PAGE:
Vicente “Tingting” de la Serna, a politician from Cebu, was deputy of then Executive Ronaldo Zamora.
An investigative report showed that at least 65 percent of the budget for textbooks went to bribes given at every stage of the contract back then—from clinching the deal with education officials to the release of the payment at the budget office.
Maslog is now a fugitive from U.S. and Philippine laws. A warrant of arrest was issued in November 2008 by Sandiganbayan Associate Justice Edilberto Sandoval.
The warrant has never been served. It was issued in connection with a P24 million textbook scam in which Maslog, as agent of Esteem Enterprises in February 1998, allegedly conspired with budget and education officials in Eastern Visayas ( Region 8 ) to collect money from the government using falsified Sub-Allotment Release orders (SARO). SAROs are documents required by the DBM for the release of payments to contractors.
Almost a year after she helped execute the P24 million scam in Leyte, Maslog figured in the DBM bribe attempt, one of the first major anomalies under the administration of deposed President Joseph Estrada.
The joint Senate committees investigating the bribe attempt cleared De la Serna and Fulgencio for “insufficiency of evidence” but recommended charging and prosecuting a number of persons, among them Maslog.
The Senate found her liable for false testimony; corruption of public officials punishable under the Revised Penal Code; violation of the anti-graft law; violation of Presidential Decree no. 46, which makes it punishable for private persons to give gifts to government officials and employees on any occasion; falsification of public document; and tax evasion.
More than 10 years since the case first came to light, the Sandiganbayan has only made her accountable for the P24 million scam and not for the bungled bribe attempt.
Maslog’s story could have been every barrio lass’ dream of poor-girl-makes-good. Growing up in the poor town of Talisayan in Misamis Oriental, Mary Ann Tupa made up for her material deprivations with her gift of gab and persuasive skills, which are assets in sales and marketing.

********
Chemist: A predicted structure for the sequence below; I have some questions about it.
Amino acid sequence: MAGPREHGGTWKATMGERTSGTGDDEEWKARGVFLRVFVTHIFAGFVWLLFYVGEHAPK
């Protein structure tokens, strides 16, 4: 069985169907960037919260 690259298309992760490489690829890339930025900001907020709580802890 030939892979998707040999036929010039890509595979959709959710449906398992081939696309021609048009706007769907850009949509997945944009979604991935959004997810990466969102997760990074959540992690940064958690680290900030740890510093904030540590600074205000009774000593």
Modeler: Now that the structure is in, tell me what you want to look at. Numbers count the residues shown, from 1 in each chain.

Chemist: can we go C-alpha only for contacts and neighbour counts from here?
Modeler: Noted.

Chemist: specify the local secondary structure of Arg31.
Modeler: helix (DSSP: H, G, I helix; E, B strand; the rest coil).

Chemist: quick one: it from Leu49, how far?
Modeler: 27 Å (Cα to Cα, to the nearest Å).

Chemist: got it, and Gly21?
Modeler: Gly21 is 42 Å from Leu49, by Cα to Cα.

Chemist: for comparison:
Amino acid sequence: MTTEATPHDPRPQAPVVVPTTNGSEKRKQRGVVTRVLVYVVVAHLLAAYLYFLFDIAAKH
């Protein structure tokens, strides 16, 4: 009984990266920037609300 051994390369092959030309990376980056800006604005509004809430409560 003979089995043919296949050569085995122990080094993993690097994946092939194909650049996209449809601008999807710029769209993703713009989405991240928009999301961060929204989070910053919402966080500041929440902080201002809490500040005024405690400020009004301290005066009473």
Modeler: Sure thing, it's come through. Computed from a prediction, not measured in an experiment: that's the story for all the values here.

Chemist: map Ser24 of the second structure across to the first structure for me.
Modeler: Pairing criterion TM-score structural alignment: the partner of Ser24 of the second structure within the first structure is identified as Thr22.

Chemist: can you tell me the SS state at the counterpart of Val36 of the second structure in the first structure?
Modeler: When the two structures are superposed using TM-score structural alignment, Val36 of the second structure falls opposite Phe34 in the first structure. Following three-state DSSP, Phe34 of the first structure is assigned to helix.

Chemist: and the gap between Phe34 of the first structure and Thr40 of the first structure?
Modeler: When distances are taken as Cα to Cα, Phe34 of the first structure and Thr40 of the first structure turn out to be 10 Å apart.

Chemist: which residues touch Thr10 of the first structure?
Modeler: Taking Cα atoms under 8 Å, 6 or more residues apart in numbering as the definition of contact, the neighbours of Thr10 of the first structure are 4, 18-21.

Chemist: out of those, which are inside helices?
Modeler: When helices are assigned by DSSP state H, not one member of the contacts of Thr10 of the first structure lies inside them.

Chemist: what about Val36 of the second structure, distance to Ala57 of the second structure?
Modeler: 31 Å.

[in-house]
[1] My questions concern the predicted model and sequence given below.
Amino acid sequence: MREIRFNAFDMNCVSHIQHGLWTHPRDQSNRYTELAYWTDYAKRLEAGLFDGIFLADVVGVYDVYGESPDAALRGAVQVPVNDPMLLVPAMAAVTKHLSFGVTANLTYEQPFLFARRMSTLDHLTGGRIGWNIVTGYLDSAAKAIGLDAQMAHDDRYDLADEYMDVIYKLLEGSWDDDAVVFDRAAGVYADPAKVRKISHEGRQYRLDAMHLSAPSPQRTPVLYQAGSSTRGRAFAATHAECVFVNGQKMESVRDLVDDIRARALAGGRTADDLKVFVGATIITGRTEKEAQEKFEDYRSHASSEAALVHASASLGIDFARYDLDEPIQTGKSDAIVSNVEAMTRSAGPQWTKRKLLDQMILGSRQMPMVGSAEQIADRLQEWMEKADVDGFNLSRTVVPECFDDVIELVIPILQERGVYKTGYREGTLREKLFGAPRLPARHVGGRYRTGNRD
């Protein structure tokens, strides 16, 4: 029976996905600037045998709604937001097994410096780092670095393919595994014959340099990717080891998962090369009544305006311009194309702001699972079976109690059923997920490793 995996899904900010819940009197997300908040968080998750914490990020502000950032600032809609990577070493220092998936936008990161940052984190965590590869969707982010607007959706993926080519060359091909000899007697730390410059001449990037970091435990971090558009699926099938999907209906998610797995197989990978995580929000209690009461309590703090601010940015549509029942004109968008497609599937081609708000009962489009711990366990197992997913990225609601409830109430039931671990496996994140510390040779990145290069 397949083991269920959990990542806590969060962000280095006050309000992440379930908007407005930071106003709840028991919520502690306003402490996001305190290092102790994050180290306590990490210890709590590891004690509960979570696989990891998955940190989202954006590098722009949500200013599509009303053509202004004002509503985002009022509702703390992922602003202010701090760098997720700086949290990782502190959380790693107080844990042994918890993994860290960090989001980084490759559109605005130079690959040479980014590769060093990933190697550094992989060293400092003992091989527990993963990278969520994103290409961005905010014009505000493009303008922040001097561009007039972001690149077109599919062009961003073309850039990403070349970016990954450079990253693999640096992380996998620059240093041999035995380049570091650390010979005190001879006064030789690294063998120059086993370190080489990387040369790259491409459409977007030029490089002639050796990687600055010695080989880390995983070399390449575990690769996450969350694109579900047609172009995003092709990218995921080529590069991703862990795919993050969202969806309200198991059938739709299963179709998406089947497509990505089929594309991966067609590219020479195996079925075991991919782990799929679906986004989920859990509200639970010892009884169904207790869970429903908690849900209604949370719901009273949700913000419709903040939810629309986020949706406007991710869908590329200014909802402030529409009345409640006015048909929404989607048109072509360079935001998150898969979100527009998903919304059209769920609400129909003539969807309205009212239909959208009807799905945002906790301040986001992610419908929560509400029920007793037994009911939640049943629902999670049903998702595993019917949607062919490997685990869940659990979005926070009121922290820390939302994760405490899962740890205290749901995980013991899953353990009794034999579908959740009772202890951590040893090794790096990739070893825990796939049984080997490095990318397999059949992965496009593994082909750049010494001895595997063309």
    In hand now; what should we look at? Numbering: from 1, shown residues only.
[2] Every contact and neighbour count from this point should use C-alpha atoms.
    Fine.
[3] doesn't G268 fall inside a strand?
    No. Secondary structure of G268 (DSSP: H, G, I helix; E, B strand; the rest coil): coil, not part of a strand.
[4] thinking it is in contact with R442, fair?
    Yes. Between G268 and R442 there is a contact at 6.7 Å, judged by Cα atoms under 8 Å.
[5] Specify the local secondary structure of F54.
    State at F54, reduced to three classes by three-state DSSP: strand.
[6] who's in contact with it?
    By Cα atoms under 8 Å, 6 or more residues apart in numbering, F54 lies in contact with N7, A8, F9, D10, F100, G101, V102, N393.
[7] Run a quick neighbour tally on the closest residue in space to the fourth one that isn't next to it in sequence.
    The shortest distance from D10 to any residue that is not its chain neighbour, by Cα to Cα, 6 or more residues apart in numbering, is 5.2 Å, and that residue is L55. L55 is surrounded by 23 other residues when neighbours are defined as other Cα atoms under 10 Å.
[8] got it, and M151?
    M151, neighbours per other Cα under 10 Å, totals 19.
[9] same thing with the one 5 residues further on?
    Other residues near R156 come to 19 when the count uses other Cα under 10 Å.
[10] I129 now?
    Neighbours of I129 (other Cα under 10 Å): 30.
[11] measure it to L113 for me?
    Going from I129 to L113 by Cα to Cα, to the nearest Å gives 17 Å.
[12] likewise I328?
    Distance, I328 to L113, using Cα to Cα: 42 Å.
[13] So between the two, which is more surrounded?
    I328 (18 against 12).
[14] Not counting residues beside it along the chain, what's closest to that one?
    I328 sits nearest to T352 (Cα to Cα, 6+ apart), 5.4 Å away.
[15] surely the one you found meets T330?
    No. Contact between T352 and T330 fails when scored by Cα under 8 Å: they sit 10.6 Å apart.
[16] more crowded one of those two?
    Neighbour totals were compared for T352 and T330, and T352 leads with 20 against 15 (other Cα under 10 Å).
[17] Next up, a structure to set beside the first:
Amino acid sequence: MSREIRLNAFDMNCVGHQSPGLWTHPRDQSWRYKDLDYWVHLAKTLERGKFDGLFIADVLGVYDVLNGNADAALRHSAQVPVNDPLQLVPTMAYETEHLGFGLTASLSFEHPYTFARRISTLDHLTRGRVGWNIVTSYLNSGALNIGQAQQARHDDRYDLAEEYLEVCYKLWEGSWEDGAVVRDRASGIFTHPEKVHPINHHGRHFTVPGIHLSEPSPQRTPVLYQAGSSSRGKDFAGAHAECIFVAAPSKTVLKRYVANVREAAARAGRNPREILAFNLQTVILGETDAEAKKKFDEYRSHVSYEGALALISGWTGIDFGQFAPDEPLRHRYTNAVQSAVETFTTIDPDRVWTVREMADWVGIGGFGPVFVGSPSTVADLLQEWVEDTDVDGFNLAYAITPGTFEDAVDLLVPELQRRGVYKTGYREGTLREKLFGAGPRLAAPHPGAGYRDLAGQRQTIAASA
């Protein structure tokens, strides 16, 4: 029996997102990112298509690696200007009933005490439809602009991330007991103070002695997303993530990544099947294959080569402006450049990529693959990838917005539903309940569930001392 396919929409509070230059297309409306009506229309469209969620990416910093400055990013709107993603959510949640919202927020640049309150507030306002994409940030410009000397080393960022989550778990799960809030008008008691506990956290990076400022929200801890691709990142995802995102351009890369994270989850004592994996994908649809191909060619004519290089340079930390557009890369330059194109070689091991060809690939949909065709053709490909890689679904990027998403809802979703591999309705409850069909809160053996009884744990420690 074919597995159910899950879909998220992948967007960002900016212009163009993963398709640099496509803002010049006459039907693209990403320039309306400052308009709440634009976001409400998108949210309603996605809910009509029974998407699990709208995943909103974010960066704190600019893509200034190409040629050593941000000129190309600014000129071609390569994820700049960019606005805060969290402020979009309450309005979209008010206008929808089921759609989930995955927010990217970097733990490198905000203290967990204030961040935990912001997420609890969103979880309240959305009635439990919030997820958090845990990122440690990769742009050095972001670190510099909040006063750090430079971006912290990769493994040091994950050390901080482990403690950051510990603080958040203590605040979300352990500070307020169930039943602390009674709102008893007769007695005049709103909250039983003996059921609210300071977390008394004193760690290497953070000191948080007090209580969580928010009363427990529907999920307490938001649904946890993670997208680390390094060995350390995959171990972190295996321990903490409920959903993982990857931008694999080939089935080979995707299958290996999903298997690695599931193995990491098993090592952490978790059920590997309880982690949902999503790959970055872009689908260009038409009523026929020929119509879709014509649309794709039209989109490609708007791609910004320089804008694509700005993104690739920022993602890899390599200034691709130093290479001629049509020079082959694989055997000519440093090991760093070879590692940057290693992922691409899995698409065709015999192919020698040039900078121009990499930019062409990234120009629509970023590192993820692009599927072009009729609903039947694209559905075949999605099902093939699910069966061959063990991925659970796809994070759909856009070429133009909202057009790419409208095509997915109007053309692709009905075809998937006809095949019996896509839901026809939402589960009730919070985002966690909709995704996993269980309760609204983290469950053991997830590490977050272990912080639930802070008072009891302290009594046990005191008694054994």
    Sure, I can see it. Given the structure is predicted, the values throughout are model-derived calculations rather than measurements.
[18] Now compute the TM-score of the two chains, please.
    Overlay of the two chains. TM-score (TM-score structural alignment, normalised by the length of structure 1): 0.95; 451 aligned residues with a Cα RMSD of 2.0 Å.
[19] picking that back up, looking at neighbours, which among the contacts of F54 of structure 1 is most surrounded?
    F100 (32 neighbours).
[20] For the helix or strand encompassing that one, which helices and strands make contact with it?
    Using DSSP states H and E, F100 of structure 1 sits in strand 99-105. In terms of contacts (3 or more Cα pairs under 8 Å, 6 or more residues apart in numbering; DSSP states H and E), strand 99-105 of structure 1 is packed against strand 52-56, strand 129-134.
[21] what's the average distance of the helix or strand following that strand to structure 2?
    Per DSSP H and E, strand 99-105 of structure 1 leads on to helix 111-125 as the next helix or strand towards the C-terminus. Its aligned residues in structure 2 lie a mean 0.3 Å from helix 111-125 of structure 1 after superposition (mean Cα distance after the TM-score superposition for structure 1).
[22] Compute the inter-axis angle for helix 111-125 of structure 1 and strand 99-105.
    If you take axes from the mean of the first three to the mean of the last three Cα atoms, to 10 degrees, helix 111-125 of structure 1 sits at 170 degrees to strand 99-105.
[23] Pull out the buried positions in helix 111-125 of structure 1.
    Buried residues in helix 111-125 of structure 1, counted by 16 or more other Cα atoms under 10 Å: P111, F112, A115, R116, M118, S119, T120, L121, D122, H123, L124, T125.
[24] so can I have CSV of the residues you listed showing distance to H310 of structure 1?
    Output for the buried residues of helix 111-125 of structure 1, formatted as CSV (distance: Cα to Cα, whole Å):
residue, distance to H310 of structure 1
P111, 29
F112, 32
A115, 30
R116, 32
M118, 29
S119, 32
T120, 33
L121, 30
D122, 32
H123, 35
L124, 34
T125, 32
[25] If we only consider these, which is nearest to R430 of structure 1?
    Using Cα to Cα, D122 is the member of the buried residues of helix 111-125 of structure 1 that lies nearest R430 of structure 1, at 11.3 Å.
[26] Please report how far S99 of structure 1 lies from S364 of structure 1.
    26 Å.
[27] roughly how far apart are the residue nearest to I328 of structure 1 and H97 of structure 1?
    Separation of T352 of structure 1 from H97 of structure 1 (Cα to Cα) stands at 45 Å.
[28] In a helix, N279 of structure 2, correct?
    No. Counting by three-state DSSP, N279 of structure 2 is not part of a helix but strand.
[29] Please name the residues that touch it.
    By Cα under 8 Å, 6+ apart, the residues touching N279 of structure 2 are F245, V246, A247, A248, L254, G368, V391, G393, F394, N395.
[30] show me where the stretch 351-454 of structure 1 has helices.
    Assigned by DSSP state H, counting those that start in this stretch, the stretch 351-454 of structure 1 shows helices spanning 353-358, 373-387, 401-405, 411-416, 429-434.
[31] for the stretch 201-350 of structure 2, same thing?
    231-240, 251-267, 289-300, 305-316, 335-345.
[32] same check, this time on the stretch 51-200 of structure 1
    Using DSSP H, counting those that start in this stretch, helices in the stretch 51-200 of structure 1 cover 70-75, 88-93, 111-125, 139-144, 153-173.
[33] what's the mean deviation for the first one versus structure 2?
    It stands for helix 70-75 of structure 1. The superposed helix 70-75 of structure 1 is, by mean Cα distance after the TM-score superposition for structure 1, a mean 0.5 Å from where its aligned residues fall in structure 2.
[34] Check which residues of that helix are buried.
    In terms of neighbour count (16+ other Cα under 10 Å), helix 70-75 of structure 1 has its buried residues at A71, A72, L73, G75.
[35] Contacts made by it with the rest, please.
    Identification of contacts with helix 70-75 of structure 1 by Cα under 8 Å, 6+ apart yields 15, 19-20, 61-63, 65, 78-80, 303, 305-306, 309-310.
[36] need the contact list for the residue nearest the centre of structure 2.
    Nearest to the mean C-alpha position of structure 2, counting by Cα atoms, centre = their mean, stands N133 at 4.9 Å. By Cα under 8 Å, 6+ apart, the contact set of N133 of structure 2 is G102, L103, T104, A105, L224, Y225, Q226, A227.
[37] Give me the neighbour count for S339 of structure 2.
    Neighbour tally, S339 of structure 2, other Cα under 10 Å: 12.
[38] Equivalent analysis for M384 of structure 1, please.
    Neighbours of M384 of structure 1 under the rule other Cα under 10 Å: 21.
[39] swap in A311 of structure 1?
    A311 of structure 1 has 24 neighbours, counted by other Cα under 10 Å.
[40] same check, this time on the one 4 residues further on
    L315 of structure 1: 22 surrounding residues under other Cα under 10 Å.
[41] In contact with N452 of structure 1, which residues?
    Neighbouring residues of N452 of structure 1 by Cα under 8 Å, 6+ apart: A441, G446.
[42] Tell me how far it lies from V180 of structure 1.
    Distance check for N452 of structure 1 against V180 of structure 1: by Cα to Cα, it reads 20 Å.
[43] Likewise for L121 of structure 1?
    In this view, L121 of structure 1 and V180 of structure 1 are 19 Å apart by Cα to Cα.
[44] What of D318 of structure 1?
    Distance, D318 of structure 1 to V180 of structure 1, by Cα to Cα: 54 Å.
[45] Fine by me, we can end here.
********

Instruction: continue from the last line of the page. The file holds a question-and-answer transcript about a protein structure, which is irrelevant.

In her blog, she wrote:“June 1992, I worked as a Medical Representative for Dispo Philippines. I was assigned in Davao City. Six months after, I was promoted as the Assistant District Sales Manager for Butuan City.”
A friend of her sister described Maslog as having “a strong personality.”
In her narration of why her marriage to former Talisayan Mayor Rommel Maslog failed, Maslog showed she could defy moral standards. “One day, I woke up and realized, I was in love with one of my sales representatives, which was a No-No to the company,” she wrote.
Rommel Maslog is now vice mayor of Talisayan, while his current wife, Catherine Ifurung, is mayor.
The Senate investigation into the P3 million bribery attempt revealed that her former husband accompanied Maslog when she went to Malacanang. He has also been charged before the Sandiganbayan for other cases unrelated to his ex-wife’s.
Maslog has reportedly returned to Talisayan, a small town with a household population of a little over 4,000. But sources there say she has not been seen in town. Some say they heard she had gone to Canada but is back in the Philippines.
A resident of Talisayan said two of her children with Rommel were brought to Talisayan recently but the youngest remained in Manila.
Katarungan said Maslog and her current husband Michael Lee, who is also facing charges in the state of Virginia, are on the run. “They purchase and use disposable (pay as you go) cell phones and change them out every few weeks.’
In her blog entry dated Jan. 18, 2009, Maslog gave a glimpse of her life: “We often stay in relationships that aren’t healthy for us. Sometimes emotionally abusive or physically abusive. Many women live every day in unhealthy relationships because of many reasons.”
Reposted From Ellen Tordesillas Of Vera Files